IN RE MILLER

Bankruptcy No. 79-03930-B, No. 80-0182-B.

4 B.R. 305 (1980)

In re Raymond Robert MILLER, Debtor. GENERAL MOTORS ACCEPTANCE CORPORATION, Plaintiff, v. Raymond Robert MILLER, Defendant.

United States Bankruptcy Court, E.D. Michigan.

May 20, 1980.


Attorney(s) appearing for the Case

Stewart, O'Reilly, Cornell, Lascoe & Rancilio, P.C. by Kenneth L. Rancilio, Sterling Heights, Mich., for plaintiff.

Professional Legal Centers, P.C. by William M. Crawforth, Detroit, Mich., for defendant.


OPINION

GEORGE BRODY, Bankruptcy Judge.

This proceeding involves the question of whether a debtor may redeem property under section 722 of the Bankruptcy Reform Act of 1978 (hereinafter referred to as the "Bankruptcy Code"), by compelling the secured creditor to accept payment in installments.

Raymond Robert Miller (hereinafter referred to as the "debtor") filed a voluntary Chapter 7 petition in bankruptcy on December 12, 1979. In his schedules he claimed as exempt, a 1979 Chevrolet which is subject to a security interest held by General Motors Acceptance Corporation (hereinafter referred to as "G.M.A.C."), on a total outstanding indebtedness of $5,680.00. G.M.A.C. filed a complaint to reclaim the automobile. In response, the debtor has offered to redeem the automobile, pursuant to section 722 of the Bankruptcy Code, by paying G.M.A.C. $4,050.00, the fair market value of the automobile, plus the prevailing rate of interest, in thirty (30) monthly installments. G.M.A.C. acknowledges that the Bankruptcy Code permits the debtor to redeem the automobile, but contends that unless it agrees to accept installment payments pursuant to section 524(c), the debtor must pay the $4,050.00 in cash.

Under pre-Bankruptcy Code law, a creditor with a valid security interest could repossess the collateral, regardless of its value, if the bankrupt did not pay the total outstanding indebtedness. Long v. Bullard, 117 U.S. 617, 6 S.Ct. 917, 29 L.Ed. 1004 (1886). The secured creditor, therefore, was able to use the threat of repossession to induce the debtor to reaffirm the entire debt.1 Section 722, in conjunction with section 524(c)(4)(B)(ii), attempts to eliminate this threat.2 Section 722 allows an individual debtor to

" . . . redeem tangible personal property intended primarily for personal, family, or household use, from a lien securing a dischargeable consumer debt, if such property is exempted under section 522 of this title . . . by paying the holder of such lien the amount of the allowed secured claim of such holder that is secured by such lien."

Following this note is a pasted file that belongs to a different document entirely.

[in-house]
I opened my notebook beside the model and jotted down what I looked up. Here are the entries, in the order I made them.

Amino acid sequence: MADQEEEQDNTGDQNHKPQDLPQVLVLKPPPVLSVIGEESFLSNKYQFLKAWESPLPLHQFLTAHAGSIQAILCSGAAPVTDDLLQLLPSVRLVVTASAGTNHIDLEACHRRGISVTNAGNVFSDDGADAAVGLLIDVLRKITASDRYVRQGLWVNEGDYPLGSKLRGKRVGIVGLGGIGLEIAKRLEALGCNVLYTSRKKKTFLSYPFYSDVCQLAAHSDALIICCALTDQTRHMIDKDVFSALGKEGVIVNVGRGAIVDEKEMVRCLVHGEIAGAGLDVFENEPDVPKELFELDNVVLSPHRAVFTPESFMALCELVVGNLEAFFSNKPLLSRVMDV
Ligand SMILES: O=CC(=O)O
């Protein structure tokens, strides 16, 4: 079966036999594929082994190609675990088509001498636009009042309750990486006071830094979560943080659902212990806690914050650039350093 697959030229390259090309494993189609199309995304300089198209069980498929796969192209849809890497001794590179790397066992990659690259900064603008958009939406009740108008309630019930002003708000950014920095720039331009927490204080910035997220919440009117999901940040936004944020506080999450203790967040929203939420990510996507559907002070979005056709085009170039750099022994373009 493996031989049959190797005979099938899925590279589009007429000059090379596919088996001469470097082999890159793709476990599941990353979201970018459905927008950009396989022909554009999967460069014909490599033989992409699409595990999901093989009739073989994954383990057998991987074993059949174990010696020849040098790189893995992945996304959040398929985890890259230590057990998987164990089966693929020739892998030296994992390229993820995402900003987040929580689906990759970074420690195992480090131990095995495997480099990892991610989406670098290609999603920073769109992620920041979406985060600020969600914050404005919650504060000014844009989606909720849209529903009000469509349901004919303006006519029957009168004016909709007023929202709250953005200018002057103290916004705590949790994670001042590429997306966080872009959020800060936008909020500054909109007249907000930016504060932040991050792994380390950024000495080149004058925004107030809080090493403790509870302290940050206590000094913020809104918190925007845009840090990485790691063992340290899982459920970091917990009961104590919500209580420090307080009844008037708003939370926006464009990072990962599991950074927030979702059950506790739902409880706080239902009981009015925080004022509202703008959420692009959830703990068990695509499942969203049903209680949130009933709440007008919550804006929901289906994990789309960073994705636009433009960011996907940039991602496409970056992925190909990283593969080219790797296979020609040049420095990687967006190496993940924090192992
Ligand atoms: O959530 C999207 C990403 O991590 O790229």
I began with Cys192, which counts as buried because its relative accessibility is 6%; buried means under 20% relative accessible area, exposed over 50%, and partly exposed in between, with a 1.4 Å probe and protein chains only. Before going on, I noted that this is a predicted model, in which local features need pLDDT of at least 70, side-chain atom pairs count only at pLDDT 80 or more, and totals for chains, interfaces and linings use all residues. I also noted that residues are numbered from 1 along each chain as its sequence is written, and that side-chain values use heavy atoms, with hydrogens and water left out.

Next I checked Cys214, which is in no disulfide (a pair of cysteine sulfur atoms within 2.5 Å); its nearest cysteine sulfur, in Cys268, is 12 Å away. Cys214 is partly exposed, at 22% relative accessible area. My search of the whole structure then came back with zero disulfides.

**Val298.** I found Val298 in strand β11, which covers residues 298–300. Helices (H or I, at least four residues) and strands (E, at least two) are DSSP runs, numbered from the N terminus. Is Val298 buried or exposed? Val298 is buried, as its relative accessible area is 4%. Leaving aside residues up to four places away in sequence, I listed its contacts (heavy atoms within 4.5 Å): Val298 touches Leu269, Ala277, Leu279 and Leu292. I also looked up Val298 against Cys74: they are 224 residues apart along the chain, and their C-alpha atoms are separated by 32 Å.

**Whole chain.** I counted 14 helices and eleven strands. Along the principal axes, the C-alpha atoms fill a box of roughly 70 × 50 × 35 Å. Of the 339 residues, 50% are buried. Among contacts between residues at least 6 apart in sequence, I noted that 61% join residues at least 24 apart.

Since the parties agree that the automobile is property that may be redeemed pursuant to section 722 and that the amount of the allowed secured claim is $4,050.00,3 the only question that remains to be decided is whether this sum must be paid in cash or whether the secured creditor may be compelled to accept payment in installments.

The official comment to section 9-506, the redemption provision of the Uniform Commercial Code, states that the payment that must be made, "obviously means more than a new promise to perform the existing promise; it requires payment in full of all monetary obligations then due. . . ." This comment expressly recognizes that the concept of redemption presumes payment in cash, and does not encompass a mere promise to make the required payment in installments.4 There is nothing in section 722, nor in the legislative history, which indicates that Congress intended the secured creditor's claim to be satisfied other than by a cash payment.5

Whether a debtor may redeem by paying "the amount of the allowed secured claim" in installments without the creditor's consent, need not, however, be decided solely by reference to section 722. Section 524(c) permits a debtor to enter into an agreement with a creditor to reaffirm certain debts.6 The method and time and amount of the payment or payments are negotiable by the parties, but the agreement is subject to approval by the court. In most instances, these agreements will provide for installment payments since the debtor, unless the reaffirmed debt is negligible, generally will be unable to pay the required amount in cash.7 If section 722 were interpreted as permitting the required payment to be made in cash or installments, section 524(c)(4)(B)(ii), which allows the debtor and secured creditor to enter into a reaffirmation agreement "providing for redemption," would be rendered meaningless. In light of section 524(c)(4)(B)(ii), the conclusion is inescapable that in order to redeem pursuant to section 722, the debtor must pay the allowed amount of the secured claim in cash, unless the creditor, pursuant to section 524(c), agrees to accept payment in installments.